Viral Evasion of the Host Immune Response Flashcards Preview

Y2 Micro (MCD) > Viral Evasion of the Host Immune Response > Flashcards

Flashcards in Viral Evasion of the Host Immune Response Deck (33)
Loading flashcards...
1

What is a key difference between internal virus proteins and surface antigens?

Internal viral proteins vary less

2

Describe the process of presentation of viral peptides on MHC Class I.

  • Viral peptides are chopped up by the proteasome
  • These peptides are then fed through the TAP protein into the endoplasmic reticulum
  • In the endoplasmic reticulum, it will be loaded onto an MHC class I molecule
  • It will then move to golgi apparatus
  • Finally it is moved to the cell surface where T cells can recognise the antigen

3

State three viruses (and the proteins involved) that evade antigen loading onto TAP.

  • EBV – EBNA1 = this cannot be chopped up by the proteasome
  • HSV – ICP47 = blocks access of the peptides to the TAP protein
  • CMV – US6 = blocks ATP binding to TAP, therefore preventing translocation

4

State two viruses (and the proteins involved) that modulate tapasin function and prevent MHC transport.

  • Adenovirus - E3-19K = prevents recruitment of TAP to tapasin and retains MHC in the ER
  • CMV – US3 = binds to tapasin and prevents loading of peptides onto MHC

5

State one virus (and the protein involved) that interferes with MHC presentation at the cell surface.

  • KSHV (Kaposi Sarcoma Herpes Virus) – kK3 = induces polyubiquitination and internalisation of MHC
    • From the internalized endosome MHC is passed to lysosomes where it is degraded.

6

What do NK cells recognise on the cell surface that triggers killing of cells?

Missing self – lack of MHC on the cell membrane is not healthy

7

How do viruses evade this mechanism of NK-mediated killing infected cells?

Viruses encode MHC analogues (e.g. CMV gp UL40) – virally encoded MHC is useless but it fools the NK cells

8

Which cells does HIV target?

CD4+ T cells

9

Which cells does Ebola kill?

Dendritic cells Macrophages T cells (by the bystander response)

10

In what subset of the population does HMCV (human cytomegalovirus) cause disease?

Immunocompromised

11

What is the problem with HCMV with regards to bone marrow transplantation?

HCMV infects 60-90% of the population If HCMV is present in donated bone marrow, it could cause problems in the immunocompromised recipient

12

What is antigenic drift?

Continued rapid evolution driven by antigenic pressure from the host

13

What is antigenic shift?

Introduction of new subtypes of the virus from an animal source NOTE: when they come from an animal source, the antigens don’t look like anything that humans have seen before

14

How else can viruses cause regular infections without changingtheir antigen profile?

They can have several genetically stable serotypes that co-circulate E.g. rhinovirus has more than 120 antigenically distinct serotypes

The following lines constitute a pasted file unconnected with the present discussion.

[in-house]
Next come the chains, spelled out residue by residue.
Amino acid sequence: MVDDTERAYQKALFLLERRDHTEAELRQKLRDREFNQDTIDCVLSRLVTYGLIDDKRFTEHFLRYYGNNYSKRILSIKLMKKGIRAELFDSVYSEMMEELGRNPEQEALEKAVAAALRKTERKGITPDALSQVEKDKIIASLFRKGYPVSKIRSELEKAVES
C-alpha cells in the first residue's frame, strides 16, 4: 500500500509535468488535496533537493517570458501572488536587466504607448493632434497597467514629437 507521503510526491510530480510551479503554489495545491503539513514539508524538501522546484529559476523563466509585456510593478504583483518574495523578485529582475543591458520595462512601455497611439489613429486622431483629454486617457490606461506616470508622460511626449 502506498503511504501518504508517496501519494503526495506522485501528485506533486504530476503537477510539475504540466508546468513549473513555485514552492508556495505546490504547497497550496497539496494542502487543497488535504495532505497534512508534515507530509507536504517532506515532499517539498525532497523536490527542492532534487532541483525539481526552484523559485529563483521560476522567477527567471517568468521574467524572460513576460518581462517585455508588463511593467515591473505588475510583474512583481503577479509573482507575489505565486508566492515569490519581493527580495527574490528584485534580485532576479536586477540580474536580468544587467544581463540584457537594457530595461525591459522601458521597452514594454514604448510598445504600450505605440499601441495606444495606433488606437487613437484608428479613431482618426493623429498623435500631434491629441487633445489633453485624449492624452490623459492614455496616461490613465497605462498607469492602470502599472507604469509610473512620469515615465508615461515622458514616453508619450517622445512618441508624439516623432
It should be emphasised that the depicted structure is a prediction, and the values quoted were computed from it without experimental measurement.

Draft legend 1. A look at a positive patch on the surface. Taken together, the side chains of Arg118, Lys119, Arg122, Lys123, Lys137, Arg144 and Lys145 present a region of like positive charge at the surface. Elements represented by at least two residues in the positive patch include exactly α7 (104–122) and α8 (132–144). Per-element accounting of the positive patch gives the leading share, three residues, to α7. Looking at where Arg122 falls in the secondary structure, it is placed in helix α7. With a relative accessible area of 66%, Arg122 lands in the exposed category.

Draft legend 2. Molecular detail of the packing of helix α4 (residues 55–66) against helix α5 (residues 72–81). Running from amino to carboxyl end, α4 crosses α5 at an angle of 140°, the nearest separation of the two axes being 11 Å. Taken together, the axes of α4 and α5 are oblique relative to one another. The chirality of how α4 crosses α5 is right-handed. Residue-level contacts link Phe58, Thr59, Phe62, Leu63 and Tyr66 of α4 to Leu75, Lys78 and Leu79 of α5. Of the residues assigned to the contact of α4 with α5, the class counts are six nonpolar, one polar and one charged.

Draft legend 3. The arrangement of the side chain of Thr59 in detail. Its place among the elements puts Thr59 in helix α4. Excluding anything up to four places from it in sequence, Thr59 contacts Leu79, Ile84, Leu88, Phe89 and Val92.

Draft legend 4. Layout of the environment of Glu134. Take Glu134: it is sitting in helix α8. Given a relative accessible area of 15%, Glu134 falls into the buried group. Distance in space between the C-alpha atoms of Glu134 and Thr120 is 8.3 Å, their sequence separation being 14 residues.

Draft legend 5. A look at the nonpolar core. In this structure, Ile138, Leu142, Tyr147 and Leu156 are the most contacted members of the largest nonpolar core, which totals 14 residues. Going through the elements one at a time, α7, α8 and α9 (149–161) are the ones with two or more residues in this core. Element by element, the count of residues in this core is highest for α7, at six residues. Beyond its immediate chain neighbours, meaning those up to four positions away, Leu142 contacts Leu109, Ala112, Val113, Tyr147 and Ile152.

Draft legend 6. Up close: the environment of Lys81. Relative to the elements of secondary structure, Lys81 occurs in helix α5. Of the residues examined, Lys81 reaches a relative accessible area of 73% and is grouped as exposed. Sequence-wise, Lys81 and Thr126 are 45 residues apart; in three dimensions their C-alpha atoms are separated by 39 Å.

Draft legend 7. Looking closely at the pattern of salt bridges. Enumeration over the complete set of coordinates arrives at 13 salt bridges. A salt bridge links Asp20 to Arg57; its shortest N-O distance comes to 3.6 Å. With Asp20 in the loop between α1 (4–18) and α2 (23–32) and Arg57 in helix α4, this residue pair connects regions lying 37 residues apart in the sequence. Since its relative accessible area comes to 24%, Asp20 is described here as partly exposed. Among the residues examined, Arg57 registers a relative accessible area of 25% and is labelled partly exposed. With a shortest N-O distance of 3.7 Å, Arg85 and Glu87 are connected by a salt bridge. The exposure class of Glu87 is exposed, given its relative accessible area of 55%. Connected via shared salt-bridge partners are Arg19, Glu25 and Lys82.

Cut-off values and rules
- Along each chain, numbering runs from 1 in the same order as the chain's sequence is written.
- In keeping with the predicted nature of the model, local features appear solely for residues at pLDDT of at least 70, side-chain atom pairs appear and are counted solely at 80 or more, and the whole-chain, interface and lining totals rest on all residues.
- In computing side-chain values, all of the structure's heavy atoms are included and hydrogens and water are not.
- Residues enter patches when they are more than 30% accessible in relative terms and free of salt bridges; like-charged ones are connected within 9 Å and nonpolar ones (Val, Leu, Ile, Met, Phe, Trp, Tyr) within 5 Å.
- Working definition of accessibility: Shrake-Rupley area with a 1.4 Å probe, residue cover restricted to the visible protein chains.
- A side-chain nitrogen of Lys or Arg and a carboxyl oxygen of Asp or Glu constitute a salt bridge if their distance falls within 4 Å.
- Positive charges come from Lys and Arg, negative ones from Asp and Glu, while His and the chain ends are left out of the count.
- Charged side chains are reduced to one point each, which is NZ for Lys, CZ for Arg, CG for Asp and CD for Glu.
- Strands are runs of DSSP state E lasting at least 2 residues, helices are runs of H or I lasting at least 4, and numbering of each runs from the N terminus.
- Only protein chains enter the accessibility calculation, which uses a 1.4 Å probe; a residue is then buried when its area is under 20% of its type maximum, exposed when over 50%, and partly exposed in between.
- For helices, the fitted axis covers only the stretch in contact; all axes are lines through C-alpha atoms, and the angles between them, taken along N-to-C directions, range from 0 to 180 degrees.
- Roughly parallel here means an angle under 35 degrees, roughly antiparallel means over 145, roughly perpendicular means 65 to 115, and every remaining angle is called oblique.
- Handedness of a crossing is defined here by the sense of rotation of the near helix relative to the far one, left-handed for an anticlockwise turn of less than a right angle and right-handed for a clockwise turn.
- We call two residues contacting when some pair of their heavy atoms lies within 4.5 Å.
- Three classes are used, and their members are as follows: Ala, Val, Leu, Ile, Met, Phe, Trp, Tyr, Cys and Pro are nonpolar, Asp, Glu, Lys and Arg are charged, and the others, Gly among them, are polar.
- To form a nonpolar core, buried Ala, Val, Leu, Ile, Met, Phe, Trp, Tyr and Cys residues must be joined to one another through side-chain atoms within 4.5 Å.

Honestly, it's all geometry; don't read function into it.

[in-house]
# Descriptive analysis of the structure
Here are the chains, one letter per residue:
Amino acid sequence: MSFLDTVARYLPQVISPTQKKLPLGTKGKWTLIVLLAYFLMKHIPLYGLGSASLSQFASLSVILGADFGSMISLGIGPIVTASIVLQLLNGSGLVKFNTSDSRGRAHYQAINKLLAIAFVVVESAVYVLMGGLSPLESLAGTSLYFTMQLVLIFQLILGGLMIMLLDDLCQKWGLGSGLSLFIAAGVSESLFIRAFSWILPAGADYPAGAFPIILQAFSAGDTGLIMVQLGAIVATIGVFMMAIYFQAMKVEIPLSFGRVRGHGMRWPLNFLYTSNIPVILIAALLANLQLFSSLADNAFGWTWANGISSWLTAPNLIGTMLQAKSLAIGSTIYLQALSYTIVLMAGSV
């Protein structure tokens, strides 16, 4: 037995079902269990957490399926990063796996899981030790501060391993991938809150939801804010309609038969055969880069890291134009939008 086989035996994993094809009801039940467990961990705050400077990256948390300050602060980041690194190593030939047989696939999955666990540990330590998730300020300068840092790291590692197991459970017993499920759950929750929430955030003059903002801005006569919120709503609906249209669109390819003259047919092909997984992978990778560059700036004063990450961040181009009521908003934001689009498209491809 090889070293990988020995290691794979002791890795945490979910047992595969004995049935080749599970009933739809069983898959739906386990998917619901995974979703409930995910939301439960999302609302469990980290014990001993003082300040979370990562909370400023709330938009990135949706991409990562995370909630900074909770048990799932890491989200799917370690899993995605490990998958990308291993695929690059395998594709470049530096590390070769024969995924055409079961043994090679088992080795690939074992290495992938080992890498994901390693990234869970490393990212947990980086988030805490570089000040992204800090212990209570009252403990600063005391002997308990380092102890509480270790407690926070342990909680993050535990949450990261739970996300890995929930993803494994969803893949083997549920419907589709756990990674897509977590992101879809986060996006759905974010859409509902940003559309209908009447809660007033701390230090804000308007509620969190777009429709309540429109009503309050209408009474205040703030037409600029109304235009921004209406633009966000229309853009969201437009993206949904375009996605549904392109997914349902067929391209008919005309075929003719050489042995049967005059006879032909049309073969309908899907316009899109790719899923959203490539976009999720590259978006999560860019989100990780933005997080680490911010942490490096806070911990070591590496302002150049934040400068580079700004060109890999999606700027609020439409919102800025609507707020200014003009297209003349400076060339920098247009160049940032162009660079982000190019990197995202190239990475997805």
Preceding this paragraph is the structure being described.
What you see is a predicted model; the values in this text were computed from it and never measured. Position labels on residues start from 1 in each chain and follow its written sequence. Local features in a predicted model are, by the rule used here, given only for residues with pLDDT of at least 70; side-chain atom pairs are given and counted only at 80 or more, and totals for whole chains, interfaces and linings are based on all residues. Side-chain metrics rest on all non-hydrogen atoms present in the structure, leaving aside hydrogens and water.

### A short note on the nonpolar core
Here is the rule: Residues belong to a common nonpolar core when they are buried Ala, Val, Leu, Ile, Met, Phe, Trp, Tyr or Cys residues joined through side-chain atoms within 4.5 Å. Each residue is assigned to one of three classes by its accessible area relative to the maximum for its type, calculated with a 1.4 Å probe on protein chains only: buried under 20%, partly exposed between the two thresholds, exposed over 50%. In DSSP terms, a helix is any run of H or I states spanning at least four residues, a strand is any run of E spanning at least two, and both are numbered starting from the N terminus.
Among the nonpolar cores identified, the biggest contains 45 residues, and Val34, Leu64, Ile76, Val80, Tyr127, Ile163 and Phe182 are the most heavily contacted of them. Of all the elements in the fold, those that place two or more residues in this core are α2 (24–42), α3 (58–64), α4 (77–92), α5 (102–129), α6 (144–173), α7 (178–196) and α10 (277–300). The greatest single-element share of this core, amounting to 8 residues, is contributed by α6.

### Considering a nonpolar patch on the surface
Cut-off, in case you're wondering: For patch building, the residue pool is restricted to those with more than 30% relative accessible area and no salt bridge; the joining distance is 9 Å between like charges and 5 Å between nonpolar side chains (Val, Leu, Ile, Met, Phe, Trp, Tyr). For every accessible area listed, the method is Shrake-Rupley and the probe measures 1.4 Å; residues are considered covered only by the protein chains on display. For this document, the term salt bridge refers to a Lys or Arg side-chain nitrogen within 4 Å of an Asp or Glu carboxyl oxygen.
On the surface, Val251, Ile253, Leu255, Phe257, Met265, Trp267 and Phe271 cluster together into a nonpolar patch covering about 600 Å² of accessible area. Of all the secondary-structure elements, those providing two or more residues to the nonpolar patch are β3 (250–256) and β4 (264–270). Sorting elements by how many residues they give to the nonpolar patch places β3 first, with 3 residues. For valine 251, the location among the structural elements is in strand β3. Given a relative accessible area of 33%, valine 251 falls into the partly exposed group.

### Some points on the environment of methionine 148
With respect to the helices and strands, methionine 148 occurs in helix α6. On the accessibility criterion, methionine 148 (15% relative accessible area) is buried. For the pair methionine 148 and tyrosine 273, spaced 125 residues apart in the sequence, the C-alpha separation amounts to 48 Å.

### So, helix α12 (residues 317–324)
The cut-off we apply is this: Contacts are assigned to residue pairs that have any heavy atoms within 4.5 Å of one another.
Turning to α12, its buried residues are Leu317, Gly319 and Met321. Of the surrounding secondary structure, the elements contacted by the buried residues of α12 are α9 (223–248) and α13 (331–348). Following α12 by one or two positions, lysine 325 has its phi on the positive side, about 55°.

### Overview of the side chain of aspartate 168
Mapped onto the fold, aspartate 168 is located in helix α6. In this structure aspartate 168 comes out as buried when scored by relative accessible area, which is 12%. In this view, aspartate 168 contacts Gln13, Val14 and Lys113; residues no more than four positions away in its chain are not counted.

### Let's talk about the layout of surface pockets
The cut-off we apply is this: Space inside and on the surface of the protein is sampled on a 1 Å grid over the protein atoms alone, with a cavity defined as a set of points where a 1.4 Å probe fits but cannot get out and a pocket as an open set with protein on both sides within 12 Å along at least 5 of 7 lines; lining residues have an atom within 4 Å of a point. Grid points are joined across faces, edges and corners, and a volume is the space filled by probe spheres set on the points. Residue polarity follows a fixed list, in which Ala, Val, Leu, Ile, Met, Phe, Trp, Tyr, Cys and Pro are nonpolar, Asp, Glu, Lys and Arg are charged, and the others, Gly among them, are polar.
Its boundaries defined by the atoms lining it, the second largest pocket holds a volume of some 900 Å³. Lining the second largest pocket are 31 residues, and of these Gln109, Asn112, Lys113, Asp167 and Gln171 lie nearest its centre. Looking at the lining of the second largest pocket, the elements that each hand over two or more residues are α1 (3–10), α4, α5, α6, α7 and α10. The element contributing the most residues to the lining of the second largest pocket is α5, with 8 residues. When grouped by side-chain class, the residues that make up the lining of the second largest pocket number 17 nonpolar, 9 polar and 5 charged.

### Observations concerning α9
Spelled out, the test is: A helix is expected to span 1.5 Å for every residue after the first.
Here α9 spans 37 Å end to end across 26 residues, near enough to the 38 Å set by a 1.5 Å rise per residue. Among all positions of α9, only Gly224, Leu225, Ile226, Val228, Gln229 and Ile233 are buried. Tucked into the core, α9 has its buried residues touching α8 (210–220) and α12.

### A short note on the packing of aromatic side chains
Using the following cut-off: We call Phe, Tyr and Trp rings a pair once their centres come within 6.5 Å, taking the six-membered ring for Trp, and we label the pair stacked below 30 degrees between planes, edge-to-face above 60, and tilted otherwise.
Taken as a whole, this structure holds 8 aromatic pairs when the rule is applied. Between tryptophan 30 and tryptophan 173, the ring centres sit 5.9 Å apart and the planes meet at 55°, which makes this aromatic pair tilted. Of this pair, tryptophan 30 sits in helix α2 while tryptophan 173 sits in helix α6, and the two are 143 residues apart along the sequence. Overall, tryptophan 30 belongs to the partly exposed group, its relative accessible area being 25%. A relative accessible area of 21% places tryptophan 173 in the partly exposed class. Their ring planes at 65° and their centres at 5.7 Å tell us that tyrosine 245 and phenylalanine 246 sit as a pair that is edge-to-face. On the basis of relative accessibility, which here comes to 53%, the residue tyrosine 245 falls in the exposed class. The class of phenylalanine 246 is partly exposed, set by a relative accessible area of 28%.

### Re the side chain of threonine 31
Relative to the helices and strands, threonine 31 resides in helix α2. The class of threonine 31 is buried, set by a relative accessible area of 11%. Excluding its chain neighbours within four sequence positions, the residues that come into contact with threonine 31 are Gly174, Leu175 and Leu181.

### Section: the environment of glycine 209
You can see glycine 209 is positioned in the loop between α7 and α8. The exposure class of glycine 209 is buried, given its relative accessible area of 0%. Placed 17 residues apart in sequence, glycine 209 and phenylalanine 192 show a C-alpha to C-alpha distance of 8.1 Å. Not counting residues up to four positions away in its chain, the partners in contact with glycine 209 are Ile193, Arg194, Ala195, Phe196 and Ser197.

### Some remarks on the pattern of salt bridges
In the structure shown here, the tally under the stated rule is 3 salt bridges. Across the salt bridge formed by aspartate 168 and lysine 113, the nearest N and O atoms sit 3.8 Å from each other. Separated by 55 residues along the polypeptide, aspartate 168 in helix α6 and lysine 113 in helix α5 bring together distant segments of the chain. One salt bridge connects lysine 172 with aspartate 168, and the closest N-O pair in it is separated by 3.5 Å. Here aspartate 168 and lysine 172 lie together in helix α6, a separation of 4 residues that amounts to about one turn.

15

How many serotypes of influenza are there?

4

16

How many serotypes of poliovirus are there and what type of vaccine was produced for polio?

3 – trivalent vaccine NOTE: one of the serotypes has been eradicated now

17

What are the features of dengue haemorrhagic fever (DHF)?

Leakage of plasma from capillaries leads to: Increased haematocrit Increased red cell count Decrease in protein Tendency to severe bruising and bleeding

18

What is the treatment for DHF?

IV fluids

19

How many serotypes of dengue are there?

4

20

Explain the significance of the presence of multiple serotypes of dengue with regards to the pathogenesis of DHF.

Infection with one serotype will cause antibody production Antibody generated against this serotype will bind to but NOT neutralise infection with another dengue serotype This can lead to ANTIGEN DEPENDENT ENHANCEMENT (ADE) Denge can enter monocytes only when complexed with an antibody that binds but doesn't neutralize it Gives access to monocytes that wasn't available in the first infection of the other dengue serotype Causes cytokine storm

21

What can viruses do to glycoprotein antigens that hinder antibody access to the antigens?

Heavily glycosylate the antigens

22

What does Ebola virus have a high content of that makes them appear like apoptotic bodies?

Phosphatidyl serine lipids

23

What is the benefit to Ebola virus of appearing like apoptotic bodies?

They are rapidly taken up by macropinocytosis and, hence, taken away from antibody surveillance

24

How does the structure of Ebola affect antibody access to antigens?

Ebola has a long filamentous shape with lots of folds The folds may make the glycoproteins inaccessible to antibody

25

Name two factors produced by Ebola that allow it to evade detection by the innate immune system.

VP35 VP24

26

Why did the measles vaccine have a much larger effect on childhood mortality than expected?

Measles can infect CD150 memory lymphocytes Causes lysis of the cells Erases immunological memory So a measles virus infection can result in a 2-3 year decrease in immunological memory that leads to morbidity and mortality from otherdiseases

27

What is tapasin?

Protein involved in loading protein fragments brought into the ER by TAP onto the MHC molecule.

28

How does HPV counter the immune response?

Encodes proteins:

  • E5 - prevents MHC-I and MHC-II from reaching the cell membrane
  • E6 & E7 - block inteferon production

29

What is the major influenza viral antigen?

Haemagglutinin

30

What are the features of the major influenza viral antigen?

Head region is highly variable Stalk is highly conserved